The 2011 French inspirational drama The Intouchables, based loosely on the real-life story of wealthy quadriplegic businessman Philippe Pozzo di Borgo and his caregiver, was an international sensation and remains one of the most successful movies of all time in its native country, so the only surprising thing about the new American remake The Upside is that it took so long (there have already been versions made in India and Argentina). Screenwriter Jon Hartmere and director Neil Burger stick pretty close to the cloying formula of the original movie, and The Upside is corny and contrived from beginning to end.
The movie’s two lead actors do their best to elevate the material, though, and to fill in for original stars François Cluzet and Omar Sy, and whatever meager charm the movie has is thanks to their efforts. Bryan Cranston plays multi-millionaire investor and author Phillip Lacasse, who’s been paralyzed from the neck down since being injured in a paragliding accident, and generally lives a miserable life despite being fabulously rich. Phillip has just fired the latest in a string of “life auxiliaries” when he meets ex-con Dell Scott (Kevin Hart), who accidentally stumbles into an interview for what he thinks is a janitorial job.
Phillip and Dell are your basic odd-couple pairing, and their journey from antagonists to best friends is painfully predictable, and not only for people who’ve seen The Intouchables. Phillip teaches Dell to appreciate opera, while Dell teaches Phillip to appreciate Aretha Franklin. The focused, successful Phillip helps Dell get his life back on track following his stint in prison, and the free-spirited Dell helps the uptight Phillip learn to appreciate life again. There’s a lot of broad fish-out-of-water comedy as Dell gets used to Phillip’s upper-class lifestyle, and then when Dell takes Phillip out of his fancy high-rise and into the ’hood.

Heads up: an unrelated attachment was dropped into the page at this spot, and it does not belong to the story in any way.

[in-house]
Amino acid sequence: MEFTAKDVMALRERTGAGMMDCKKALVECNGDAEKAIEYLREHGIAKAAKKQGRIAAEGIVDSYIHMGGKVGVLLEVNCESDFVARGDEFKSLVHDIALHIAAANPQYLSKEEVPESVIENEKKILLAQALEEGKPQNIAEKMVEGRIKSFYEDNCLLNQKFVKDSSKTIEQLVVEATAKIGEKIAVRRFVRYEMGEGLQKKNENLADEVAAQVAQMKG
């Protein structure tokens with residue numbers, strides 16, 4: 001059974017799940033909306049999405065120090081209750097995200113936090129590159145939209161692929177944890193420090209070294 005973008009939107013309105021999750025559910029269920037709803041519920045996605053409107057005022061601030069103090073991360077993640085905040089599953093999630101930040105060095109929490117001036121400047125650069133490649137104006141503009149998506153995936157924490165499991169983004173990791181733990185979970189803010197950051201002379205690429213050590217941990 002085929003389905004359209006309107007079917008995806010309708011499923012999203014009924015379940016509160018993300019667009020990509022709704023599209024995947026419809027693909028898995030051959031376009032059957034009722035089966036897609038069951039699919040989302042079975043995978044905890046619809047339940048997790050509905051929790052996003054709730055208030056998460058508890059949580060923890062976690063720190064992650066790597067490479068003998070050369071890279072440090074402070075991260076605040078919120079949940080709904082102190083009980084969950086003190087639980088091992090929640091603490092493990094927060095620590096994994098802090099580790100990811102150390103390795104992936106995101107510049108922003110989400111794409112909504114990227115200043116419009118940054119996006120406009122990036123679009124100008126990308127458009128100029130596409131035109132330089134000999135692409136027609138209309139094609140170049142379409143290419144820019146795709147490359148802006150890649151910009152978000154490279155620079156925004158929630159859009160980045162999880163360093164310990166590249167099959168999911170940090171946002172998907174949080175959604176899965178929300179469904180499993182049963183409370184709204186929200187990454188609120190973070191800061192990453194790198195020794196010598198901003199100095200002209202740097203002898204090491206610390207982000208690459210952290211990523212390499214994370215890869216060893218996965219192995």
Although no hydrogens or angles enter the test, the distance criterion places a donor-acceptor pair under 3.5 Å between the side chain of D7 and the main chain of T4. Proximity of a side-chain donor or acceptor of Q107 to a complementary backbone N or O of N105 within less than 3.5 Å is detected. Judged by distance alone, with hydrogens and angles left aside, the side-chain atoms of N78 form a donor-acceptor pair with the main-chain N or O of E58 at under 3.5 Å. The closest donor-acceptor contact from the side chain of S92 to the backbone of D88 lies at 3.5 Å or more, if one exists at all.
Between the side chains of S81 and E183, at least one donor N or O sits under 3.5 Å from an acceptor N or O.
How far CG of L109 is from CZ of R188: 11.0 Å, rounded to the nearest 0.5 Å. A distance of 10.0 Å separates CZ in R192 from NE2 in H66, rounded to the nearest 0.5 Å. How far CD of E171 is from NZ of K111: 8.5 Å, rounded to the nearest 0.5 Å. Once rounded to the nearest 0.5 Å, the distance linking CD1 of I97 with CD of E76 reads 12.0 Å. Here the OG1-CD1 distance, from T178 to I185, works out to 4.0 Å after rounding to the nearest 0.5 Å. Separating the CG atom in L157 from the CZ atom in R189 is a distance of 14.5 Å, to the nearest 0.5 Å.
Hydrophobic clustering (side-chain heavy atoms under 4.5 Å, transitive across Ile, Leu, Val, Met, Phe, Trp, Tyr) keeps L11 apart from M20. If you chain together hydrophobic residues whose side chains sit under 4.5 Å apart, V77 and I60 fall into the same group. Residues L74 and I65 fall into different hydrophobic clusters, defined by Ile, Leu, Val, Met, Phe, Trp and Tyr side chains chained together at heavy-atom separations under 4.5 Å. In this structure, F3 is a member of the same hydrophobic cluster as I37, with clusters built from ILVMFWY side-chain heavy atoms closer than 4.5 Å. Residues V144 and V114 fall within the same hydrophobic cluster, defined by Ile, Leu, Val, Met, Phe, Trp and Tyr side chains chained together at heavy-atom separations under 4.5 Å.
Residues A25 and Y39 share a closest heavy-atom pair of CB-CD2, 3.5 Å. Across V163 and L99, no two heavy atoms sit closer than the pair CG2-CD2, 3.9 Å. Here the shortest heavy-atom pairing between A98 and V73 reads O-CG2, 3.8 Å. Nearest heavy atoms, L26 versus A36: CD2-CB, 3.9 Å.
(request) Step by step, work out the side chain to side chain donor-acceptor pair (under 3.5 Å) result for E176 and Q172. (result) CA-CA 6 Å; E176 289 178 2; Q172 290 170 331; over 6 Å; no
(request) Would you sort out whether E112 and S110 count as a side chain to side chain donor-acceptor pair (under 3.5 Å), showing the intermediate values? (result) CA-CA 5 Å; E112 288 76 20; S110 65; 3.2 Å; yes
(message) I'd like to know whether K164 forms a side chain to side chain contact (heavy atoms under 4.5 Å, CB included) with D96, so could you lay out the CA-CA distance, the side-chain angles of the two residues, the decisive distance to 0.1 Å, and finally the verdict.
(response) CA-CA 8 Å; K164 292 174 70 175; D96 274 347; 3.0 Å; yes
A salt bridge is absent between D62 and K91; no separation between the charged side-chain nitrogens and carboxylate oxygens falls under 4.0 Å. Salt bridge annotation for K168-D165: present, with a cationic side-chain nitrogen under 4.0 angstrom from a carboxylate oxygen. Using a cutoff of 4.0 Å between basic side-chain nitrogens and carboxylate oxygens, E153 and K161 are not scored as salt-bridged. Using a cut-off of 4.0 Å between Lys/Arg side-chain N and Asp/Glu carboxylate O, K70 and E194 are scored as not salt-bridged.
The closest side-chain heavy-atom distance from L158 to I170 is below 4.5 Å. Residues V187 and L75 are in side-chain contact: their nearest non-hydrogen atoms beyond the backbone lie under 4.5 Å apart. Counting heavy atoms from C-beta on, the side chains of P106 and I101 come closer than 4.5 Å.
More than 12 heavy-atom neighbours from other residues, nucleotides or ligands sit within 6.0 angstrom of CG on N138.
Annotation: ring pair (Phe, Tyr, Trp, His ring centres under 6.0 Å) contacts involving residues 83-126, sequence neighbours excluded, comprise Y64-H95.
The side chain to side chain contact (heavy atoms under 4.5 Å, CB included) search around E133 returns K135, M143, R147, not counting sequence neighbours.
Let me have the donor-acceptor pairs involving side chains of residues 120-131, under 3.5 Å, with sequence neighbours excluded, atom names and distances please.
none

The Upside is not especially progressive in its portrayal of race or disability, and Dell’s background is filled with stereotypes, from his prison time to his neglected relationship with his son. The eventual solutions are as simplistically presented as the original problems, and there’s very little satisfaction to seeing Phillip or Dell overcome difficulties in entirely predetermined ways. An opening flash-forward all but assures the audience that any disagreements or divisions between the two won’t amount to anything.
Hart tones down his manic comic persona just enough to give Dell some depth, although he still gets to cut loose in irritating set pieces involving Dell’s use of a fancy German shower and his squeamishness over changing Phillip’s catheter. Cranston brings the right amount of warmth to Phillip so that he doesn’t just seem like a callous rich jerk, and the two actors have occasional moments of enjoyable chemistry. But even those moments are so blatantly manipulative that they don’t provide any genuine positivity.
The movie’s sitcom-style characterization and plotting fit in with its flat, cheap sitcom-level cinematography. The aggressively uplifting messages and bonding between two unlikely friends come off as phony as the green-screened view of New York City from Phillip’s penthouse balcony.